RESOLUTION INTRODUCTION STATEMENT -- HON. CHRISTOPHER H. SMITH (Extensions of Remarks - September 27, 2005)
HON. CHRISTOPHER H. SMITH
OF NEW JERSEY
IN THE HOUSE OF REPRESENTATIVES
Tuesday, September 27, 2005
Mr. SMITH of New Jersey. Mr. Speaker, I rise today to introduce legislation designed to help poor farmers in African nations who are being undercut and devastated by the continued subsidies some of the world's wealthiest countries offer to their own farmers.
Developed world subsidies drive down global prices for farm products. For farmers in wealthy nations, this often involves the amount of profit possible; for African farmers, this involves their very survival. Since more than 70 percent of Africans depend on the agricultural sector for their livelihoods, normalizing global agricultural trade is an issue of life or death for many African farmers who have few, if any, alternatives to farm Income.
For every six dollars daily the United States and the nations of the European Union spend on agricultural subsidies in their own nations, we spend one dollar on official aid to developing countries. This means that the positive impact of our aid programs is being undercut by trade-distorting subsidies, which are crushing the very people our aid is intended to help.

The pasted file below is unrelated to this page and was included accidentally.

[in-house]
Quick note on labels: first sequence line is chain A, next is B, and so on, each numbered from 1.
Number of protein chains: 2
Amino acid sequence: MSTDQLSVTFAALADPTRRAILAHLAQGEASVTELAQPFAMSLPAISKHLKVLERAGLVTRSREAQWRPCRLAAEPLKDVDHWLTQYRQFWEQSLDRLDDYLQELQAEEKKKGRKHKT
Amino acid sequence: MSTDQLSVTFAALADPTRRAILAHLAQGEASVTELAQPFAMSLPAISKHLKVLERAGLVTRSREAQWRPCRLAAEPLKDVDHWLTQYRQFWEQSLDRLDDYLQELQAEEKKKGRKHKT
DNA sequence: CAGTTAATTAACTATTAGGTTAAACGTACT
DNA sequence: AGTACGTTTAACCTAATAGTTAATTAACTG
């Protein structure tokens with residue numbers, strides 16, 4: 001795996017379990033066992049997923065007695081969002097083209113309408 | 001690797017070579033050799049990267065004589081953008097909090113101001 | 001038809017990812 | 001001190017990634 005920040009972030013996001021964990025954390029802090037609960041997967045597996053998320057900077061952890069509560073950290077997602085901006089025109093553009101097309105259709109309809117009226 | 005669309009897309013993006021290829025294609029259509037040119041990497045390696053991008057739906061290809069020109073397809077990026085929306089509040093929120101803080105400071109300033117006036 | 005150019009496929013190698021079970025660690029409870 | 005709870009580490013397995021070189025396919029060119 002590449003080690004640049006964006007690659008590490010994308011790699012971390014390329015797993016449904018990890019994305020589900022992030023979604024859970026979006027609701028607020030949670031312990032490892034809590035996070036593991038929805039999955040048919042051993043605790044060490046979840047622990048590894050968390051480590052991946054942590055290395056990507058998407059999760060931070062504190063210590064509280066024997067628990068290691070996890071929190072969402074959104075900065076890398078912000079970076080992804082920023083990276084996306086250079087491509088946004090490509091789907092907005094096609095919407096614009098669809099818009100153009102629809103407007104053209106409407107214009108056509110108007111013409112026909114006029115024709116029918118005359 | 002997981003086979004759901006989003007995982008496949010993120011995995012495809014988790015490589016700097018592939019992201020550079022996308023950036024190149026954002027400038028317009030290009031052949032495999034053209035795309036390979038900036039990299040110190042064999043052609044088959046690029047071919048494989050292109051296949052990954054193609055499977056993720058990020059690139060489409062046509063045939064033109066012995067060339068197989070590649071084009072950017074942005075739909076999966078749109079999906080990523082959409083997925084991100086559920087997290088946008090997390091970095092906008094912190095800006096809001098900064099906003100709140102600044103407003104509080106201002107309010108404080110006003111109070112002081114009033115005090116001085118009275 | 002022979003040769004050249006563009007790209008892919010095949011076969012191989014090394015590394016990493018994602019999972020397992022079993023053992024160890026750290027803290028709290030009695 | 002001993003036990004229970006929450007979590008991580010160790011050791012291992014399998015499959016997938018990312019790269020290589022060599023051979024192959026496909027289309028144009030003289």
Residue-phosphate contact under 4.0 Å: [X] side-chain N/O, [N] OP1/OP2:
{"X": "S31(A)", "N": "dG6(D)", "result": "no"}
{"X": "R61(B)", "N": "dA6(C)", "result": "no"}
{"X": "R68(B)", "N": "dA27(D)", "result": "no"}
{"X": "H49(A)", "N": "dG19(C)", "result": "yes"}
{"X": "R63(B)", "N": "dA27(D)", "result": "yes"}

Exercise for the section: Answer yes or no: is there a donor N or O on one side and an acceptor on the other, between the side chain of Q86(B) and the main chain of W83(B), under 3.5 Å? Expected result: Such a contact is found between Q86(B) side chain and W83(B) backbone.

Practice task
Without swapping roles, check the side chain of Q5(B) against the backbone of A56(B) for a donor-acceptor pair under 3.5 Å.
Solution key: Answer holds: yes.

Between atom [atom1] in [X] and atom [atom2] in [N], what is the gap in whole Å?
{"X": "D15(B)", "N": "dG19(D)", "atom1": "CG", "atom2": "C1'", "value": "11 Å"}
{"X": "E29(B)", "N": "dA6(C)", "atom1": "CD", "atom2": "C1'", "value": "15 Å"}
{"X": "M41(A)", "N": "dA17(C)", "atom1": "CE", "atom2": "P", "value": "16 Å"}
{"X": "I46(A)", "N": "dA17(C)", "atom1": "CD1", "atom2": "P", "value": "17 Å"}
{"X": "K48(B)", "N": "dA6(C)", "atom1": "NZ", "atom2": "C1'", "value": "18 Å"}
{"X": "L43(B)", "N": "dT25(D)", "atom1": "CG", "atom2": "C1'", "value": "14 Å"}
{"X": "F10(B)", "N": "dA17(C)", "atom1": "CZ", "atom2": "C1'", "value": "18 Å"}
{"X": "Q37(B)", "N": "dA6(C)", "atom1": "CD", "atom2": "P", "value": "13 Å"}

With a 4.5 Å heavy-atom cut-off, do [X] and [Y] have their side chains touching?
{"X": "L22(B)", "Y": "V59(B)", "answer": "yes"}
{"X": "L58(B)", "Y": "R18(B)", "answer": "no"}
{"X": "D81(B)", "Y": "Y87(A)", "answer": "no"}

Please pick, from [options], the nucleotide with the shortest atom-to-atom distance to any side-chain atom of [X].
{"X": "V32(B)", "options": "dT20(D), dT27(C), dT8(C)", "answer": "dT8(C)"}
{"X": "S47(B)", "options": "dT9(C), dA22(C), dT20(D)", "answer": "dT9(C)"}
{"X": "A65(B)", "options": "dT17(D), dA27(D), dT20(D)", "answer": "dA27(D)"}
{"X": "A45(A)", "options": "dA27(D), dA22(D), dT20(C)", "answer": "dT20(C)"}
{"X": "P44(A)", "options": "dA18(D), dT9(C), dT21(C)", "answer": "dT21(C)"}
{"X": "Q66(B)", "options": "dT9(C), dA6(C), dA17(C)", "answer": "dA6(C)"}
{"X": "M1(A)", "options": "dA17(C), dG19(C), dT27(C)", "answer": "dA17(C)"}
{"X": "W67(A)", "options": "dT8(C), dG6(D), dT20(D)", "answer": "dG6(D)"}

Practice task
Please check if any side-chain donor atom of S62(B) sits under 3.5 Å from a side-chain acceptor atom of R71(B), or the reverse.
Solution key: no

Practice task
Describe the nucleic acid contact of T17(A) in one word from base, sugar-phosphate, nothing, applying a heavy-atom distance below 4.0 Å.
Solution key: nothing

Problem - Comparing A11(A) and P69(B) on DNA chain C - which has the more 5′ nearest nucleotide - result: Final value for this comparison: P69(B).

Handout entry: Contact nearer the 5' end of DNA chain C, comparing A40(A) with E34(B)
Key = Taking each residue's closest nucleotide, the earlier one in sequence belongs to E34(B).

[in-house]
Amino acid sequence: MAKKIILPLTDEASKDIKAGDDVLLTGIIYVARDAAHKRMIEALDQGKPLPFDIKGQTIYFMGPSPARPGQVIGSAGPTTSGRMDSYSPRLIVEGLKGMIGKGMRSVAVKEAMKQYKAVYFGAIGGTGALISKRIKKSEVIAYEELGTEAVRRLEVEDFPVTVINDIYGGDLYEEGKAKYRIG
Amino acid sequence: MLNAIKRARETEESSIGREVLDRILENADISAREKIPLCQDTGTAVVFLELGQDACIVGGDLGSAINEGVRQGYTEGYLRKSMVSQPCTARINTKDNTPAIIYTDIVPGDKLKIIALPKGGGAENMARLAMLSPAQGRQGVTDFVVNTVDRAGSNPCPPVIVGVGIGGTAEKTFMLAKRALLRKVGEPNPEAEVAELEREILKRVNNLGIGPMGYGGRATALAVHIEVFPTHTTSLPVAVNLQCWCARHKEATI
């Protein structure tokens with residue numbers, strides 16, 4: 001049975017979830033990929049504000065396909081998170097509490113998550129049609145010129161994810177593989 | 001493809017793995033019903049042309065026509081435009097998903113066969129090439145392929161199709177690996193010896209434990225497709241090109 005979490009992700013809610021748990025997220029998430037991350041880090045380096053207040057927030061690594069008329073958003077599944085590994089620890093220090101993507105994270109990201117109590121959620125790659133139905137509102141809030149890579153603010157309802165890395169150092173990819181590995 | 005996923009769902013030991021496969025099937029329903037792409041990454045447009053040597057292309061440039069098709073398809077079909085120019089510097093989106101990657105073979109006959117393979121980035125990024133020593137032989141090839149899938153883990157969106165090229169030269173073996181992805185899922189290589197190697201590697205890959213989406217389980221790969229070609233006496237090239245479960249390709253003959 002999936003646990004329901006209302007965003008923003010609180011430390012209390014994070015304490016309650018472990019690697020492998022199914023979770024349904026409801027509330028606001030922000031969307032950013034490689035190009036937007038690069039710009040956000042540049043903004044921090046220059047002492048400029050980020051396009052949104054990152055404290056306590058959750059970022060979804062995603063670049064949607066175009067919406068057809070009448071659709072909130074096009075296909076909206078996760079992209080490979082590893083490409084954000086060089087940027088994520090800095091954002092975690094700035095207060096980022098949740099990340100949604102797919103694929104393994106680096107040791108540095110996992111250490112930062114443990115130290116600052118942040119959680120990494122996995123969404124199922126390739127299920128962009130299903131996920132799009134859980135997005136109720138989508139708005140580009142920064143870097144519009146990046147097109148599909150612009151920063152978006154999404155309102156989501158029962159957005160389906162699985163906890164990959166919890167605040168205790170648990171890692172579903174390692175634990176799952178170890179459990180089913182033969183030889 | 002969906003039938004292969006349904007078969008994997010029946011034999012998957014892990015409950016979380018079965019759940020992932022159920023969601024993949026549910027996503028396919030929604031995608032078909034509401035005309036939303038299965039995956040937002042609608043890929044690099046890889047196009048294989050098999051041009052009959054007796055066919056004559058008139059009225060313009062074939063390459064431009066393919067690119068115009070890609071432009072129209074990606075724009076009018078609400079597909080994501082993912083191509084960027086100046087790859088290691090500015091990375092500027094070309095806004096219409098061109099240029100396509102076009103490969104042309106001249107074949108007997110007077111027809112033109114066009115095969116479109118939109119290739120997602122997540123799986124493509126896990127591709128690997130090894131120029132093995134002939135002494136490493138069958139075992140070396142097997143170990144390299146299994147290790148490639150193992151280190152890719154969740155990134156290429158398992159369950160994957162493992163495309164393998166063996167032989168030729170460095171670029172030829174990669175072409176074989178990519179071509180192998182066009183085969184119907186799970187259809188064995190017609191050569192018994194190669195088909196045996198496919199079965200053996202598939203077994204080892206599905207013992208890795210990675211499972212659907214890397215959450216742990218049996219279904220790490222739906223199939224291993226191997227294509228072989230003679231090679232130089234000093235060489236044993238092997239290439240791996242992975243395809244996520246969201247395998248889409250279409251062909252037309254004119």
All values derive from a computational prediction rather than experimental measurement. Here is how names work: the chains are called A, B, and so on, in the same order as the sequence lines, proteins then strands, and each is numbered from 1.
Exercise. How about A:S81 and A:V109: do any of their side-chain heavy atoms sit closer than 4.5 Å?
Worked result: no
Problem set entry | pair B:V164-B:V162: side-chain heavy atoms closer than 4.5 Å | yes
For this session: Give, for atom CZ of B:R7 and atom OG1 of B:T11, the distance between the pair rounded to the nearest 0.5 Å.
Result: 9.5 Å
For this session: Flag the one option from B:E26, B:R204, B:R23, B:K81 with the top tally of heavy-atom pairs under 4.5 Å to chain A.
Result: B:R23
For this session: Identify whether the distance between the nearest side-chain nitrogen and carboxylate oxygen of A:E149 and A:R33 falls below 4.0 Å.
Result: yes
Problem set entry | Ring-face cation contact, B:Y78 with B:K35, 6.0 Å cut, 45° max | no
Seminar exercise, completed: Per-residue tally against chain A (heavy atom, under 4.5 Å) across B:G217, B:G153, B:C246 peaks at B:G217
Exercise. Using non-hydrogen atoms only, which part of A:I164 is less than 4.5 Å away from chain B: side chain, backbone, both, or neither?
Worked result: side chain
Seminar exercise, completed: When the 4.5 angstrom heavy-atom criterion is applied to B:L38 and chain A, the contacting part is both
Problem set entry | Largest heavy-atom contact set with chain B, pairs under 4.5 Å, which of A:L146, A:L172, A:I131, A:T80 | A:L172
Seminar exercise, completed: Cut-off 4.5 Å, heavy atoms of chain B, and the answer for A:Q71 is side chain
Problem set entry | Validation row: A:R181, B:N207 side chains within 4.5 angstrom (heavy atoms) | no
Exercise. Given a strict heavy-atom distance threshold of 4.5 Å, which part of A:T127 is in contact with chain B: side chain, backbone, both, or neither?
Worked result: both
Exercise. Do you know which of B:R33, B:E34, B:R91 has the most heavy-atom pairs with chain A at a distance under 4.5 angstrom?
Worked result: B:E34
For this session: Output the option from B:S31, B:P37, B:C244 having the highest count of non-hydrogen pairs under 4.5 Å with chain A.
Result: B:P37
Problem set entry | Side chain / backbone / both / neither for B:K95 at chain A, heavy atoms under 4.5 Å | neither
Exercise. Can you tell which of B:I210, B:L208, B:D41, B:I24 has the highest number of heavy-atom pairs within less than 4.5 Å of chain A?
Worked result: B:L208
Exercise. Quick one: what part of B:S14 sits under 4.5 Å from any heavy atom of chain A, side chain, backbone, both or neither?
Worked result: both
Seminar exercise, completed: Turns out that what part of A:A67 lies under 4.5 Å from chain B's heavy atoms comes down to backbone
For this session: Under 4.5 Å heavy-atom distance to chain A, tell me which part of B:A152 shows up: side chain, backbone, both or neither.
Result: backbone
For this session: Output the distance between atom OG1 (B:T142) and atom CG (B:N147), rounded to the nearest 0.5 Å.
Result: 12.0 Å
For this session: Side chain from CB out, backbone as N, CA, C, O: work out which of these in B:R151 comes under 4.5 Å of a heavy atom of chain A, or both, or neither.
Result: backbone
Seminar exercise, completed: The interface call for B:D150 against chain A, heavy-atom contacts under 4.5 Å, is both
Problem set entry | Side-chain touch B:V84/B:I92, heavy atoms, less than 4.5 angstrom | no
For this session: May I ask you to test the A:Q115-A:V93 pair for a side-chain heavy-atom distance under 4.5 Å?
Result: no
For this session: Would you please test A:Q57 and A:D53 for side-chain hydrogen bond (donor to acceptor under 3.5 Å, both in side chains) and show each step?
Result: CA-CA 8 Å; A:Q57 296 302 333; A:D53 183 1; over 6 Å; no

Developed countries agreed to negotiate a multilateral end to agricultural subsidies through the World Trade Organization with a target date of January 1st of this year. That deadline was missed, and the current Doha round of WTO trade talks may fail, largely because of the issue of continuing agricultural subsidies. President Bush recently reiterated America's commitment to accelerate the end of all developed world agricultural subsidies.
American cotton subsidies have been said to endanger the welfare of African cotton farmers in several African nations, but European dairy and meat subsidies pose an even broader threat to African farm incomes. When a Japanese cow can produce more daily revenue than even the most industrious African farmer, something is seriously wrong with the economic order. Curtailing developed world agricultural subsidies will allow Africans to be more self-sufficient. It is estimated that such a change would result in as much as a 45 percent increase in the net agricultural trade by sub-Saharan Africa and a 5.1 percent increase in African farm income.
It is the responsibility of our government, as well as other governments, to address the needs of our farmers, but it should not be done at the expense of low-income African farmers. This resolution, cosponsored by Mr. PAYNE, Mr. ROYCE, Mr. FLAKE and Mr. MEEKS, calls for a multilateral end to agricultural subsidies as quickly as possible and for developed nations to work with African nations to mutually remove remaining impediments to equitable agricultural trade in the global marketplace.